Hierarchical Re-estimation of Topic Models for Measuring Topical Diversity

Our paper "Hierarchical Re-estimation of Topic Models for Measuring Topical Diversity", with Hosein Azarbonyad, Tom Kenter, Maarten Marx, Jaap Kamps, and Maarten de Rijke, has been accepted as a long paper at The 39th European Conference on Information Retrieval (ECIR'17). \o/

Quantitative notions of topical diversity in text documents are useful in several contexts, e.g., to assess the interdisciplinarity of a research proposal or to determine the interestingness of a document. An influential formalization of diversity has been introduced in biology. It decomposes diversity in terms of elements that belong to categories within a population and formalizes the diversity of a population d as the expected distance between two randomly selected elements of the population:

div(d) = \sum_{i=1}^{T} \sum_{j=1}^{T} p_ip_j \delta(i,j),

where p_i and p_j  are the proportions of categories i andj in the population and \delta(i, j) is the distance between i and j.

This notion of diversity had been adapted to quantify the topical diversity of a text document. Words are considered elements, topics are categories, and a document is a population. When using topic modeling for measuring topical diversity of text document d, We can model elements based on the probability of a word w given d, P(w|d), categories based on the probability of w given topic t , P(w|t), and populations based on the probability of t given d, P(t|d). In probabilistic topic modeling, at estimation time, these distributions are usually assumed to be sparse.

  1. First, the content of a document is assumed to be generated by a small subset of words from the vocabulary (i.e., P(w|d) is sparse).
  2. Second, each topic is assumed to contain only some topic-specific related words (i.e.,  P(w|t) is sparse).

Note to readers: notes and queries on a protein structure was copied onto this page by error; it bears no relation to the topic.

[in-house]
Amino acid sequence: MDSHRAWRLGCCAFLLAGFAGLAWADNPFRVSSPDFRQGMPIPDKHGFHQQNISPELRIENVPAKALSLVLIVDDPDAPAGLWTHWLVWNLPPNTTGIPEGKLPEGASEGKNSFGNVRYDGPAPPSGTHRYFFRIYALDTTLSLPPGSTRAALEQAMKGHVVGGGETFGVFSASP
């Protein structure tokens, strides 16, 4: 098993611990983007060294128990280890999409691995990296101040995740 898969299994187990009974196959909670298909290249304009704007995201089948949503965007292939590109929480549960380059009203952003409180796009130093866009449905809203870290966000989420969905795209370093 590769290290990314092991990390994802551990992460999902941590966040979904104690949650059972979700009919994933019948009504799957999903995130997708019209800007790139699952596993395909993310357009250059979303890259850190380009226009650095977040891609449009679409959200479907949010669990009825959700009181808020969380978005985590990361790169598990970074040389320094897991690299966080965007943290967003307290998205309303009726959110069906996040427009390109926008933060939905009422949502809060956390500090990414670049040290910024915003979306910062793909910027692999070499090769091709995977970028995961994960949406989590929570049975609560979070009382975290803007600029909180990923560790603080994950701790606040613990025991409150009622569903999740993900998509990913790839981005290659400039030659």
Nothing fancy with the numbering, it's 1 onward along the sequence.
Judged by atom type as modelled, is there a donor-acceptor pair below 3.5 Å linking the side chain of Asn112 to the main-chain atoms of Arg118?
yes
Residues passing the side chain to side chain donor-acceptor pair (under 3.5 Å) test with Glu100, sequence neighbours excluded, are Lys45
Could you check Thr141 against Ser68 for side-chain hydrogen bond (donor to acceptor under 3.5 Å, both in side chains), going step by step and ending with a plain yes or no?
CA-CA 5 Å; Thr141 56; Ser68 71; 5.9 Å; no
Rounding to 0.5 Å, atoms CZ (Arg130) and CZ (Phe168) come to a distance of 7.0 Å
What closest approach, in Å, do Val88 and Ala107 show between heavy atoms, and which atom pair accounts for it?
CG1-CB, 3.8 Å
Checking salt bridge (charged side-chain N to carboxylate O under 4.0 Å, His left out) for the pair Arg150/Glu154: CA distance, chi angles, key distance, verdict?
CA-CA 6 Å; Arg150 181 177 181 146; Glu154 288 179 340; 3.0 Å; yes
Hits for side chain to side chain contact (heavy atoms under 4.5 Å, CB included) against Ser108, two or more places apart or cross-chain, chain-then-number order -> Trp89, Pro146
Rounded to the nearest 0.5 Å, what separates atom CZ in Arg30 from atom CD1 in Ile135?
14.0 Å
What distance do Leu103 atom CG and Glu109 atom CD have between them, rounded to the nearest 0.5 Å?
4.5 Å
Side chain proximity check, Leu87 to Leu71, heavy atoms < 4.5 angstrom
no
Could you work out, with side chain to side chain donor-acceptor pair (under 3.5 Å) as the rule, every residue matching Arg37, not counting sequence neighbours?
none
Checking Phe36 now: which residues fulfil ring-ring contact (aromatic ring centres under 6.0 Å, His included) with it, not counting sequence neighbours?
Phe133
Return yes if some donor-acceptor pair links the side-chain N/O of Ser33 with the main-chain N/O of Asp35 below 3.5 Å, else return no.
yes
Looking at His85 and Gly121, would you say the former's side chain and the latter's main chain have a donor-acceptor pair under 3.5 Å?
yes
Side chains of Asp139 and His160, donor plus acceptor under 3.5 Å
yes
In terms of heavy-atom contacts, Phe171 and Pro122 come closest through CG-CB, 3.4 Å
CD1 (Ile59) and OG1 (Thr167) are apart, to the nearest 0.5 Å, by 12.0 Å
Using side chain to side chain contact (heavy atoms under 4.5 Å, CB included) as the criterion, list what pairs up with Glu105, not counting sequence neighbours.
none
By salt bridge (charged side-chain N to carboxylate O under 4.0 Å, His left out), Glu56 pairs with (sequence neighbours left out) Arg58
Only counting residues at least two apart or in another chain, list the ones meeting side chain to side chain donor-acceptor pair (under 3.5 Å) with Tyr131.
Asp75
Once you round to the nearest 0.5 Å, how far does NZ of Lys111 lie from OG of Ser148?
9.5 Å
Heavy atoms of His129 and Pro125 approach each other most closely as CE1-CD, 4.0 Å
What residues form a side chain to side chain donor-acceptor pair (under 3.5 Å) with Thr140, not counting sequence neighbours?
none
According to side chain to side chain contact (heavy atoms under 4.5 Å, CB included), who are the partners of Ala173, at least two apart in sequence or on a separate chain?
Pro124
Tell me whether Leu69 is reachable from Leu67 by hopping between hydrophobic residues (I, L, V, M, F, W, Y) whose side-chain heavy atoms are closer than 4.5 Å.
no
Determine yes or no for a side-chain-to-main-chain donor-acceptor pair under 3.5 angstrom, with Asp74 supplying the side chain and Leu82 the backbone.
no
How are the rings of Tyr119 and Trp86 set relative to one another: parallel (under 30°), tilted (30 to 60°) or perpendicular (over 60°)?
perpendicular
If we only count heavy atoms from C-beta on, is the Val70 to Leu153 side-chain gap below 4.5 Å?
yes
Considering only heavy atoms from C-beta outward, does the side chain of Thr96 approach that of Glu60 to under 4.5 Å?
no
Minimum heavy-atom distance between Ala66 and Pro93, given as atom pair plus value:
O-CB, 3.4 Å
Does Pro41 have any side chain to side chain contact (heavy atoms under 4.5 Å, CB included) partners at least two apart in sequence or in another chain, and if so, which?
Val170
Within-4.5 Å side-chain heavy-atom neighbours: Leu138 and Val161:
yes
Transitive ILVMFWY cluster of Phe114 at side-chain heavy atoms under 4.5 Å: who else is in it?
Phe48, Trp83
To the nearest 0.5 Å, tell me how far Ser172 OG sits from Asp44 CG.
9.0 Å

3. Finally, each document is assumed to deal with a few topics only (i.e., P(t|d) is sparse).

When approximated using currently available methods,  P(w|t) and P(t|d) are often dense rather than sparse. Dense distributions cause two problems for the quality of topic models when used for measuring topical diversity: generality and impurity. General topics mostly contain general words and are typically assigned to most documents in a corpus. Impure topics contain words that are not related to the topic. Generality and impurity of topics both result in low quality P(t|d) distributions.

Different topic re-estimation approaches. TM is a topic modeling approach like, e.g., LDA. DR is document re-estimation, TR is topic re-estimation, and TAR is topic assignment re-estimation.

In this research, we propose HiTR, a hierarchical re-estimation process for making the distributions P(w|d), P(w|t) and P(t|d) more sparse. We re-estimate the parameters of these distributions so that general, collection-wide items are removed and only salient items are kept. We re-estimate the parameters of these distributions so that general, collection-wide items are removed and only salient items are kept. For the re-estimation, we use the concept of parsimonization to extract only essential parameters of each distribution.

Our main contributions are:

  • We propose a hierarchical re-estimation process for topic models to address two main problems in estimating topical diversity of text documents, using a biologically inspired definition of diversity.
  • We study the efficacy of each level of re-estimation, and improve the accuracy of estimating topical diversity, outperforming the current state-of-the-art on a publicly available dataset commonly used for evaluating document diversity.

For more details on the results of experiments, please take a look at our paper: